The rocky canyon of Wadi Qelt is often associated with the “valley of the shadow of death” from Psalm 23, and in the blistering heat of summer the moniker seems to suit just fine. In this isolated, barren and rocky spot a 4th-century monastery clings to the rockwalls. The starkly beautiful site transports visitors to the 4th century when the earliest desert-dwelling monks sought lives of faithful seclusion. Originally built around a cave where tradition holds that Elijah lived while being fed by ravens, the monastery grew in the 5th century under Greek Orthodox control when its most famous monk and namesake Gorgias of Koziba inhabited the place.
Additions to the monastery continued until the Persian invasion in 614, when the structure was destroyed and the fourteen monks slaughtered. The ruins of this secluded refuge lay in silence for almost 500 years until restoration attempts were made by bands of Crusaders in the 12th century. They were expelled shortly after, and once again the monastery waited in disrepair until the 19th century when sincere restoration efforts were began by the Greek monk, Kalinikos.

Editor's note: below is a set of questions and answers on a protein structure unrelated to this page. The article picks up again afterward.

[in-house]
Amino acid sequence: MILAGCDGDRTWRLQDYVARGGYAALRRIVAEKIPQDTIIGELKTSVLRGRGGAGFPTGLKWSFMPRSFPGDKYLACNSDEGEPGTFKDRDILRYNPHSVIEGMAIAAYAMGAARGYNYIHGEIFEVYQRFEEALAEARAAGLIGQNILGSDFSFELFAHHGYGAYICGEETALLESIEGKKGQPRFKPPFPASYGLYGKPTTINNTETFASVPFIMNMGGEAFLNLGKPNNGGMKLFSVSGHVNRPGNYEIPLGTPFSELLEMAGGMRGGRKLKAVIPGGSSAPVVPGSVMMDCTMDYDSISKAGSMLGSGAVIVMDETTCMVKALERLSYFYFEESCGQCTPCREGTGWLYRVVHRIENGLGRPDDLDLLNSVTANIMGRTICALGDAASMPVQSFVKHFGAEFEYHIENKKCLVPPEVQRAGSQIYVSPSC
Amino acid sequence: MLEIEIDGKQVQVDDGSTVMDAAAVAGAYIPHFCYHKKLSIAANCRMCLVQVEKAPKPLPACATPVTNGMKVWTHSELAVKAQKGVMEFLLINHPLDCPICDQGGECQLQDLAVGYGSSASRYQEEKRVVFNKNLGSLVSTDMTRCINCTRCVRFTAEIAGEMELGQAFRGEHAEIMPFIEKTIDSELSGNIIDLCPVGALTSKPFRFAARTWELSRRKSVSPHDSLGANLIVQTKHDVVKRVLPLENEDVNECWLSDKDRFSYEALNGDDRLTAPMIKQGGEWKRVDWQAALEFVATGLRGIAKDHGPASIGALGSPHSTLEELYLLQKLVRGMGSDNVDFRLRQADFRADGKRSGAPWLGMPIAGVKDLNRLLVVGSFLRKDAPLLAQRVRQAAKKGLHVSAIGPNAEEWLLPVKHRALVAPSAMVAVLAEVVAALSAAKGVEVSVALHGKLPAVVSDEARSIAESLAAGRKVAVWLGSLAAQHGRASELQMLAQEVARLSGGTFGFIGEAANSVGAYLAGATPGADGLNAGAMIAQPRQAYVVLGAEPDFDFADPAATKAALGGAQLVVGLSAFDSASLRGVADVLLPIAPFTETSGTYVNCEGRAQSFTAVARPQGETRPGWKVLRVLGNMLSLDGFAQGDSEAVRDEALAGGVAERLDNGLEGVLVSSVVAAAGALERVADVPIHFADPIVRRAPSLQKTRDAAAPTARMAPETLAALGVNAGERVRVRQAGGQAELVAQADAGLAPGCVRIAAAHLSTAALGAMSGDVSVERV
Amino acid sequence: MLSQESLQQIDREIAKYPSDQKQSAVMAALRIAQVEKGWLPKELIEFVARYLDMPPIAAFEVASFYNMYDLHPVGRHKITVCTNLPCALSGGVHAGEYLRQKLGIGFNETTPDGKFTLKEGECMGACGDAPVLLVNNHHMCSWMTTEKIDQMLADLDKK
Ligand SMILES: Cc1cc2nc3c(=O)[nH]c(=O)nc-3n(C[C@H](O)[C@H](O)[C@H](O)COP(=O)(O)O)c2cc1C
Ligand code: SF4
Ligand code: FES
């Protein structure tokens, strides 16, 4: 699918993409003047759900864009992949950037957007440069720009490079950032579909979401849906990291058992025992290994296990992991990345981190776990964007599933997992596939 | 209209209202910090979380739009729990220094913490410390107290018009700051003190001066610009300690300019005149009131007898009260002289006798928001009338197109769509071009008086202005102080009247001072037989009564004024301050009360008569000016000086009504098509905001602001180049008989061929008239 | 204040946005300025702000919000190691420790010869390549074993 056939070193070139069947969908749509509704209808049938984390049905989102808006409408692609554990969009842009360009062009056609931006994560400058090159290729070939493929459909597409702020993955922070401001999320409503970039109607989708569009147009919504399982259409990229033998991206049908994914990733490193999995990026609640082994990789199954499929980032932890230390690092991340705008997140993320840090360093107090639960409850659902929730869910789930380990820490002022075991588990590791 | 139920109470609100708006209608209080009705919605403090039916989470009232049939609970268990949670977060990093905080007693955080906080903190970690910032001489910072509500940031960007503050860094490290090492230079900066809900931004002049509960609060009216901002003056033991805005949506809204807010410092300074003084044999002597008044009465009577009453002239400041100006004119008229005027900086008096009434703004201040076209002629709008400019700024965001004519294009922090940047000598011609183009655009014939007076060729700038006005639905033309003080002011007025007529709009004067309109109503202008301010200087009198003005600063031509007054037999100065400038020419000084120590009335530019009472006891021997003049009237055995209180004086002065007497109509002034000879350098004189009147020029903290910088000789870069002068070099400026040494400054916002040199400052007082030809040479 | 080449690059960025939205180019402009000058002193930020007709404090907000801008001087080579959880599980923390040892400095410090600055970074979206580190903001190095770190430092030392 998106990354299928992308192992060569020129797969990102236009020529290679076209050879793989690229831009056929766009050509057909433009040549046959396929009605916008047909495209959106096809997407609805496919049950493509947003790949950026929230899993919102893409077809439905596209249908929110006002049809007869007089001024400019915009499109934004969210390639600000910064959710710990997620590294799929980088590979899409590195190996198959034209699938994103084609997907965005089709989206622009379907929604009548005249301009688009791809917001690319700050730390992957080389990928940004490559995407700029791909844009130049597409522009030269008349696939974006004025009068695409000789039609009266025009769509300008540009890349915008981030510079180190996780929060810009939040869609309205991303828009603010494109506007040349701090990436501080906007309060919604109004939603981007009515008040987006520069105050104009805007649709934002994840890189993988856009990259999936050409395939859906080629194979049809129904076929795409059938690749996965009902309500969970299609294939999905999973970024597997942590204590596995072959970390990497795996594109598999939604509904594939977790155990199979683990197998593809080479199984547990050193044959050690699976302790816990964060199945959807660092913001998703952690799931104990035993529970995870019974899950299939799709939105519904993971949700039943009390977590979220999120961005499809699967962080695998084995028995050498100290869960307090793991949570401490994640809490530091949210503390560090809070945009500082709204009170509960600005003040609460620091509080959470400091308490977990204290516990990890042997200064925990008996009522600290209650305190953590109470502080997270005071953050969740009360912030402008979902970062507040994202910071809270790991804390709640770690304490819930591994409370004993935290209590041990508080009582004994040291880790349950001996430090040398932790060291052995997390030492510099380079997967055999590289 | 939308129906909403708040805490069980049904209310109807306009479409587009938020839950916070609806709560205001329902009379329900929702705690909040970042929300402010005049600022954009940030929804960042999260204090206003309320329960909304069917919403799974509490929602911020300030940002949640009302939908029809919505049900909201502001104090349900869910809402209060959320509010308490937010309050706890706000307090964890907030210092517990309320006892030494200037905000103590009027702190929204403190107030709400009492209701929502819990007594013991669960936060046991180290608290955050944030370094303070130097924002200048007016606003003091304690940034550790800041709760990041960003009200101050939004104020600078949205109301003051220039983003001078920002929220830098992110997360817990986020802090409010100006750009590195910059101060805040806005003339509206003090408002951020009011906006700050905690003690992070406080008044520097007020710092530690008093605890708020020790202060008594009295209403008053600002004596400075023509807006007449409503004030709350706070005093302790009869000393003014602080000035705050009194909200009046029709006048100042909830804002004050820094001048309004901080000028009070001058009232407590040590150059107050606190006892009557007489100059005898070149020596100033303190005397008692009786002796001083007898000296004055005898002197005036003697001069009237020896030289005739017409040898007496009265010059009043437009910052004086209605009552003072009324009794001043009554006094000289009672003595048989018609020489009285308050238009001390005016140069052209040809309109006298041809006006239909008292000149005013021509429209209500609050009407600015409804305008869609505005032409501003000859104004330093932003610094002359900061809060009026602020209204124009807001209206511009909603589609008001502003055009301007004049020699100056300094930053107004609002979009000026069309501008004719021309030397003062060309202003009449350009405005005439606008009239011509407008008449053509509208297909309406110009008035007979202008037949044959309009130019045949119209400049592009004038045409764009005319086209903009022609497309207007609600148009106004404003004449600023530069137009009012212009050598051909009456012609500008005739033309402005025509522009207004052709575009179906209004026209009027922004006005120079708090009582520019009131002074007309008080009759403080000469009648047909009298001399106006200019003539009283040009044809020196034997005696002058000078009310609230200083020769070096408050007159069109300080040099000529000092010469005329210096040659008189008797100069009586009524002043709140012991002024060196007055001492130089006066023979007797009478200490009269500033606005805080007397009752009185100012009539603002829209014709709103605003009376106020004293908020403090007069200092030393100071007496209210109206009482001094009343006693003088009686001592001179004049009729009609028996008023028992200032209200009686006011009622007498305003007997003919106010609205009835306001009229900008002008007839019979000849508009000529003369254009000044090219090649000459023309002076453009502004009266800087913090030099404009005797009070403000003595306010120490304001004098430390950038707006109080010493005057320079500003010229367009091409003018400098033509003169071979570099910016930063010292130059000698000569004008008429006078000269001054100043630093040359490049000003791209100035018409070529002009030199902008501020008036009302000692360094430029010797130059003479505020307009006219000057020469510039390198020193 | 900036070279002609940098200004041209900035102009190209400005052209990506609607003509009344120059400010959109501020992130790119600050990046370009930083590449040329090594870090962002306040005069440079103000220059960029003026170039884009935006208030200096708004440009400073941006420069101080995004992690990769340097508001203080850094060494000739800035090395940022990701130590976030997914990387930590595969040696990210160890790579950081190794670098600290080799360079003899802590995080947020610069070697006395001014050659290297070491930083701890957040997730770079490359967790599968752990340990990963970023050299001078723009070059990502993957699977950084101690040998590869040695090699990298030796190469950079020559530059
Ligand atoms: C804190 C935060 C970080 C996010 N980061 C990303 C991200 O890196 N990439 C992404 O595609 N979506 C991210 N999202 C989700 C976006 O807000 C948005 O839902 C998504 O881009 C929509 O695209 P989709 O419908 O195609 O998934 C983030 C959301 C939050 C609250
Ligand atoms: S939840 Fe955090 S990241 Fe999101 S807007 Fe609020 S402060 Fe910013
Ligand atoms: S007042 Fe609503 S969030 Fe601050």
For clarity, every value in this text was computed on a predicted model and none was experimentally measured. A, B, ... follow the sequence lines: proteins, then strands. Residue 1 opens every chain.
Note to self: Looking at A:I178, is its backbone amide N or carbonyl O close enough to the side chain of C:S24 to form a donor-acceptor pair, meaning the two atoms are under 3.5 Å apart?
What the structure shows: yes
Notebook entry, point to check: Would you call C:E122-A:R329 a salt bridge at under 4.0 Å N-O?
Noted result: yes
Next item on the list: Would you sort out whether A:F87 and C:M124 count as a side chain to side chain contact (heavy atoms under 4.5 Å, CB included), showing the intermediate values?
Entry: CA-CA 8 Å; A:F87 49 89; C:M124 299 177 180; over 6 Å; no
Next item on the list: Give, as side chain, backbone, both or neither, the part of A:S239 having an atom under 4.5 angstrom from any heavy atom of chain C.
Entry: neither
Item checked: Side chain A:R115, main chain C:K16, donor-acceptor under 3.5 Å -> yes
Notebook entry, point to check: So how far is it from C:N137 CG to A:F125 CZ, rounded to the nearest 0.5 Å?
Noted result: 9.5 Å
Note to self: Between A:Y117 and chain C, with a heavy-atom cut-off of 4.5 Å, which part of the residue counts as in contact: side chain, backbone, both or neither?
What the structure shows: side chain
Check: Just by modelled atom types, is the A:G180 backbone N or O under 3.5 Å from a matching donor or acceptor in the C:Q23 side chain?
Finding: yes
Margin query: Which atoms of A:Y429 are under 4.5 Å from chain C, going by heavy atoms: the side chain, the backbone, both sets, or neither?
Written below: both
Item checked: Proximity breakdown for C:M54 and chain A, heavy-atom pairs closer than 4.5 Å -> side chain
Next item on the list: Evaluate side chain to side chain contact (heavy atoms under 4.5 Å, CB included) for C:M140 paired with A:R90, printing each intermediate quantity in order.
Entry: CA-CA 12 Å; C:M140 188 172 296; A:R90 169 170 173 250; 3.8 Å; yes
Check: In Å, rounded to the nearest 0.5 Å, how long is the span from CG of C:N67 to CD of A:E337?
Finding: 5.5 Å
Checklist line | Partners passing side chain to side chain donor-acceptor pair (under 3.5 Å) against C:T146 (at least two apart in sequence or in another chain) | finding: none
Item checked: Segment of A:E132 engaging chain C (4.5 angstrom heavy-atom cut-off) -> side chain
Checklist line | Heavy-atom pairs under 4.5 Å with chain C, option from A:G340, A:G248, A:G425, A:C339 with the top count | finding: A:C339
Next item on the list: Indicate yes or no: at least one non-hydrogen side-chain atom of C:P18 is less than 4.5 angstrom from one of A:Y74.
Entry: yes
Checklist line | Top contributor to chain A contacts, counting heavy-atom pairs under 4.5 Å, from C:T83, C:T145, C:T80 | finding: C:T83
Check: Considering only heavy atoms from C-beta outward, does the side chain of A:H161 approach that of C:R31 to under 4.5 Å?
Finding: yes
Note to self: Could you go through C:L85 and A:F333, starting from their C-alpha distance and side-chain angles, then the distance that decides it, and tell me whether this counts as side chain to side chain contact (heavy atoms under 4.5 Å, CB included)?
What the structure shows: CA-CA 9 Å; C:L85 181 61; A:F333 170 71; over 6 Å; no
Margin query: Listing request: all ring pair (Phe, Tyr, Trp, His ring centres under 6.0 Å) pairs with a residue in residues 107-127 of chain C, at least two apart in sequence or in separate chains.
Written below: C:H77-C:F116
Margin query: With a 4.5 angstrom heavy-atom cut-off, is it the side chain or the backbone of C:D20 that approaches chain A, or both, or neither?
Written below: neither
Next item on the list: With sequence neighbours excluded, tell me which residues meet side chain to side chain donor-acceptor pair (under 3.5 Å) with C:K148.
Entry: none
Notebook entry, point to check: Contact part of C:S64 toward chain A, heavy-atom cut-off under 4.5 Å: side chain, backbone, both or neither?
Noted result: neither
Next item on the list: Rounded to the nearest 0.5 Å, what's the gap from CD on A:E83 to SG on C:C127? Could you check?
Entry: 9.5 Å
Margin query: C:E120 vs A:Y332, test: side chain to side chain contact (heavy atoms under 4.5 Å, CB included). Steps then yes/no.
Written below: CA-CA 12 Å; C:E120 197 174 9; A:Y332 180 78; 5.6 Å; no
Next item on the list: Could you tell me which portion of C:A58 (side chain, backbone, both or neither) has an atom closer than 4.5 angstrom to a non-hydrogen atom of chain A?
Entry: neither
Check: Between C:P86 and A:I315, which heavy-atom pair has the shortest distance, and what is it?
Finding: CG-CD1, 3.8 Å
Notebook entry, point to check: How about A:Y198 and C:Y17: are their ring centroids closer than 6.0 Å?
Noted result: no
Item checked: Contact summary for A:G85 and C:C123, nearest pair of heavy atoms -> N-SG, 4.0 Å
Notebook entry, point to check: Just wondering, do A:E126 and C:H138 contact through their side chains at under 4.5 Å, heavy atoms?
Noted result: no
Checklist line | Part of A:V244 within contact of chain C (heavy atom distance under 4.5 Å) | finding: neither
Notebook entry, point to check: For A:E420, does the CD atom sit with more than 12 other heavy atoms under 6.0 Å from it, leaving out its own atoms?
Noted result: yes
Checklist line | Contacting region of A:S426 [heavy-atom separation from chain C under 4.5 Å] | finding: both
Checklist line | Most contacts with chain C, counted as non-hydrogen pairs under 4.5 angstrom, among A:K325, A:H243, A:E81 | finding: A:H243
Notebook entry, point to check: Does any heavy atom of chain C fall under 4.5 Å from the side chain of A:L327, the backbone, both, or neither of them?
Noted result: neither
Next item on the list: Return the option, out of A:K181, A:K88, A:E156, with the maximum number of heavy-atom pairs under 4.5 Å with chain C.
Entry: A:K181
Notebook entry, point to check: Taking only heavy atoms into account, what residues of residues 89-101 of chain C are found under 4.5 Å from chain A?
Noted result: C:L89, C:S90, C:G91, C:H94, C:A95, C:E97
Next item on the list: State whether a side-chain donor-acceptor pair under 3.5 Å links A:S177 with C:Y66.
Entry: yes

Today, the monastery is unique in its acceptance of female pilgrims and visitors, a precedent set through the tradition of a Byzantine noblewoman on a monastic tour who claimed that the mother of God had directed her there for healing from her incurable illness. Though off the beaten path, the journey to this secluded bastion of desert monastic tradition is well worth the effort. The monastery is located along the historic road from Jericho to Jerusalem, which was located above the valley on the south side. This road is mentioned numerous times in the Bible, including in the story of the Good Samaritan.